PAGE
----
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A kneaded clod, and the delighted spirit
To bathe in fiery floods, or to reside
In thrilling regions of thick-ribbed ice;
To be imprisoned in the viewless winds,
Or blown with restless violence round about
The pendant world-or to be worse than worst
Of all that lawless and uncertain thoughts,
Imagine howling-'tis too horrible;
The weariest and most loathsome way of life,
That age, ache, penury, imprisonment,

Can lay on nature—is a paradise

To what we fear of death."

* I have never wondered at the general popularity of this transcendantly beautiful passage. It must suit all tastes. The imaginative reader will be struck with the awful idea of going, he knows not whither, and of lying in cold obstruction;" while the common-place man will sympathize with the more tangible and positive inconvenience, of "bathing in fiery-floods," and of residing "in thrilling regions of thick-ribbed ice." On me, however, the idea of being imprisoned in an ice-house, loses its effect, because I am not a subject for chilblains, and should look coufidently forward to the Insolvent Act. But the dark and mysterious associations connected with being "worse than worst of all that lawless and uncertain thoughts imagine howling," almost curdles my life-blood. The whole pas

But despite this sublime accumulation of horrors, there is one thing, which, with me at least, goes a great way to moderate the dread of dissolution; and that is my comparative insignificance in life. The world will go on as well without me as when I was "unus de grege," and the few friends who weep to day upon my grave, will forget me to-morrow. "There is also another pang," says Mr. Hazlitt, (I quote from memory) "added voluntarily to the fear of death by our affecting to compasionate the loss which others will have in us. If that were all, we might reasonably be at rest." True! for notwithstanding what poets have sung, the odors arising from the memory of our departed associates, smell sweeter in fiction than in fact. They are like a fashionable suit of clothes, exceedingly becoming to the wearer, but are laid aside, or resumed at will. When I am dead, my friend, if he has no better employment, will perhaps recall the moments with which my name is connected. On a rainy day, when he is pinned to his chambers-at night when he is nervous-in the morning when he is thoughtful, he may find out that I had

sage is a striking proof of Shakspeare's intuitive acquaintance with the springs of human action, and with the mechanism that sets the puppet in motion.

some decent qualities-some fellow-feelings, which it might be as well to remember. But give him an opportunity of pursuing his own selfish considerations-if a lawyer, give him a brief—if a physician, a patient, and mark how forgetful he will become. My memory will be coolly adjourned to the next rainy day, when his spirits and his pockets have attained a corresponding level. What then is there in a worldly friendship that should make me regret to leave it; or why should I prize a posthumous recollection, which springs only from the head-ache or the weather?

Another motive for contemplating our decease with calmness, consists in the sympathy of every thing around us. The principle of nature, whether animate or inanimate, tends decidedly to destruction and decay. The friends of our youth fall off-the column moulders in the dust-the flower passes away with its season, and Death with wasting hand, scatters the blight of ruin over all. Is he a stranger then, that he should surprise us; or an enemy that we should distrust his approach? Far from it! he is the night that follows the morning, when the spirit, fatigued with the labors of the day, sits longing for the hour of repose.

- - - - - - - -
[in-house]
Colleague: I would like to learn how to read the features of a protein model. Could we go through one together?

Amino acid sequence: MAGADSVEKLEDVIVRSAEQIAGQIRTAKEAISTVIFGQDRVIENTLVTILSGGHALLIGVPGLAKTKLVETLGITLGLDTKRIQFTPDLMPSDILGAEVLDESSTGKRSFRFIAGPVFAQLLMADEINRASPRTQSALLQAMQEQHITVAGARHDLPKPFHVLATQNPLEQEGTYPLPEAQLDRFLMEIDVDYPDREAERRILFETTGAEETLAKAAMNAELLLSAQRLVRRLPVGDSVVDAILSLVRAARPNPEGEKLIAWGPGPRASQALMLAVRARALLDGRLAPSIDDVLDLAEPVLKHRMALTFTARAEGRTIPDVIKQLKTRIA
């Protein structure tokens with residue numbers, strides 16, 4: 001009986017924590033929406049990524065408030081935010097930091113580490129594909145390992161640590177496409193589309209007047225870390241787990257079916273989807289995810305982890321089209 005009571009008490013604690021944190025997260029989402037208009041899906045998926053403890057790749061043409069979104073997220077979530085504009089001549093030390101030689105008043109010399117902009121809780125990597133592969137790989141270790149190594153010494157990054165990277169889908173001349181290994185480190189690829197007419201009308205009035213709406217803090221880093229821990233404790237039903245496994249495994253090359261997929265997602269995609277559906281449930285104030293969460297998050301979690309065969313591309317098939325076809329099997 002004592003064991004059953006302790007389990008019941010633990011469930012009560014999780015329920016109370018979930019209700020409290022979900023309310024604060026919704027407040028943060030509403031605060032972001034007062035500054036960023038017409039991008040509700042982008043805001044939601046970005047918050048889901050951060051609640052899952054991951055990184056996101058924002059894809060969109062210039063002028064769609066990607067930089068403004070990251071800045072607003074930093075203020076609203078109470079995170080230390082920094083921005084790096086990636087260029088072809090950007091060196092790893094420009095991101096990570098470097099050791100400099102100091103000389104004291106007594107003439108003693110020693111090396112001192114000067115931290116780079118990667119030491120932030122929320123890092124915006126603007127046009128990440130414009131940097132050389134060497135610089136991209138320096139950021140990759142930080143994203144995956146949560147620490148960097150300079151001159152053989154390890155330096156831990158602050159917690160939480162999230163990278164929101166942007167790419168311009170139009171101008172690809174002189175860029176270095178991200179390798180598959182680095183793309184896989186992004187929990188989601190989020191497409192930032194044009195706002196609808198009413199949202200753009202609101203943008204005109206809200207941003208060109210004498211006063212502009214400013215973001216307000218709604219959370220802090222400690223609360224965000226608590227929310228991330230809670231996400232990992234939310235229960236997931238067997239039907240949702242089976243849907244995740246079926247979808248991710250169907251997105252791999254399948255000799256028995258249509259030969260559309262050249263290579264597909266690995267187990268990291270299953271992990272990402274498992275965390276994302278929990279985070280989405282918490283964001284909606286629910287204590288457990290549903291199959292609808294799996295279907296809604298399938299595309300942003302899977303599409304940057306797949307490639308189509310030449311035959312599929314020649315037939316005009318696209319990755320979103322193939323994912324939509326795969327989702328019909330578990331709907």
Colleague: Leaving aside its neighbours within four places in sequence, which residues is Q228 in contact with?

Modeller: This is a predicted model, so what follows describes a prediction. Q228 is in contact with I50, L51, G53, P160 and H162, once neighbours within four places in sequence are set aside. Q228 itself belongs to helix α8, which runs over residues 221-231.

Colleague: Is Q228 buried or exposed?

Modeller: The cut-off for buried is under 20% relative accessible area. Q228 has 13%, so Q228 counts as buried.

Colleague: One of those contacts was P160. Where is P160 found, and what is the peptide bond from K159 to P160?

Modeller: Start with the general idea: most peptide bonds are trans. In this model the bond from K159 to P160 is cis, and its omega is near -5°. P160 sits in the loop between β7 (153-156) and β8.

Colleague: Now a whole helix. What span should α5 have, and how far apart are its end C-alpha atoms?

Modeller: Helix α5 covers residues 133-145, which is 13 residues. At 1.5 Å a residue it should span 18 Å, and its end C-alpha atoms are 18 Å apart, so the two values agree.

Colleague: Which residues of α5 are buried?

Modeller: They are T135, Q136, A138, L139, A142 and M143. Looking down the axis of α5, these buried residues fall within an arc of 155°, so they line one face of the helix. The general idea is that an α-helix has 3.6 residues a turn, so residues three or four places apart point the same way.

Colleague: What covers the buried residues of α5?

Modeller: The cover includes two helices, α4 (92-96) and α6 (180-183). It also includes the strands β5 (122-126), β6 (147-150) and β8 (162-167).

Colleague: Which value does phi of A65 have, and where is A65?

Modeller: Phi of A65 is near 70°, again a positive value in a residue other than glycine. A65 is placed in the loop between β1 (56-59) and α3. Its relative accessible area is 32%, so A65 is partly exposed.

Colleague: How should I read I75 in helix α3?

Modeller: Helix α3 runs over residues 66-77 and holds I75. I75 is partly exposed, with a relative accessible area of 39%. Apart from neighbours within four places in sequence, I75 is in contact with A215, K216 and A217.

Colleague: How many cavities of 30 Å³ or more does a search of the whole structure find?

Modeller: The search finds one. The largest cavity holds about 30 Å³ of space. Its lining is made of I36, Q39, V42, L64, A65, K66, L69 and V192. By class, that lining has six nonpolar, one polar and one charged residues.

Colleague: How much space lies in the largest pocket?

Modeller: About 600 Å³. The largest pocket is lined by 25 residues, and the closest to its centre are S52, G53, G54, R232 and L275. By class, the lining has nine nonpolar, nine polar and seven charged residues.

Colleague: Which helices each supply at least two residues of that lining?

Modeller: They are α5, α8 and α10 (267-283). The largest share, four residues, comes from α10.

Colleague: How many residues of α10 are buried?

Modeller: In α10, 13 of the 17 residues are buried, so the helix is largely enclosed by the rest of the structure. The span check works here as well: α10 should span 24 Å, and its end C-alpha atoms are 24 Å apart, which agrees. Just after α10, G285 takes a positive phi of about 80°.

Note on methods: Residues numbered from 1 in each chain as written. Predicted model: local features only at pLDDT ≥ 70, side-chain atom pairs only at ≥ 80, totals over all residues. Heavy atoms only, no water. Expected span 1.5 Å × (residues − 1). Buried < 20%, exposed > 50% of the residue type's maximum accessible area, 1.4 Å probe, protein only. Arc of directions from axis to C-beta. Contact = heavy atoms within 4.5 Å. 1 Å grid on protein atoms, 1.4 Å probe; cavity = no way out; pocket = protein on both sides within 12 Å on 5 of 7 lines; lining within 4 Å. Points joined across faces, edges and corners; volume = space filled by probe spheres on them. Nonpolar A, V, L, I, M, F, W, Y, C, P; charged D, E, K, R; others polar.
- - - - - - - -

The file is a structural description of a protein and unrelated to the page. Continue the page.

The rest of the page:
Pass but a few years-a few short years of sorrow and disease, and this hour of repose shall

overtake us. The church on which I now gazethe Elm-grove, which now waves its branches in the twilight, shall fall like myself, a ruin to the earth. The very flag-stone on which I am seated, shall moulder, and of the corpse that sleeps beneath it, not a trace, not a fragment shall remain. Wave on then, ye dark groves of Llansaddon, let the spring gale murmur music amid your boughs, and the autumn blast scatter abroad your foliage, for the hour is at hand when all shall be silent and forlorn.

But a truce to reflection-twilight already darkles over the horizon, and the night-breeze from its temple, amid yon elms, is offering up an evening hymn. Hark! how gloomily its diapason swells and falls upon the ear; now pealing with the deep-toned music of an organ, and now lingering in a dying close upon the gale. It is time to retire, the breeze has sung itself to sleep, and but one faint gleam of day yet glimmers from the storied windows of the church. An instant longer and I shall be alone, with darkness and the dead.Stranger! whoever you may be, should chance, inclination, or necessity, lead you to the retirement of South Wales, pay a passing visit to the church yard of Llansaddon. The peacefulness of its situation will tranquillize-its beauty elevate your soul.

Whatever be your fate in life, your fancy will here meet with kindred associations. Have you been a lover, have you listened to the dying voice, have you closed the glazing eye, have you watched the parting moments of the idol of your affection? look around, and be assured, that many now lowly laid, have like yourself lived and loved in vain. Are you friendless in the world? so were some who lie slumbering beneath your feet. Is your mind untuned by the harsh discords of society? let the moral spirit of the landscape lure it back to peace, for an hour spent in contemplation beside the grave, like a study well directed, is never without its advantages.

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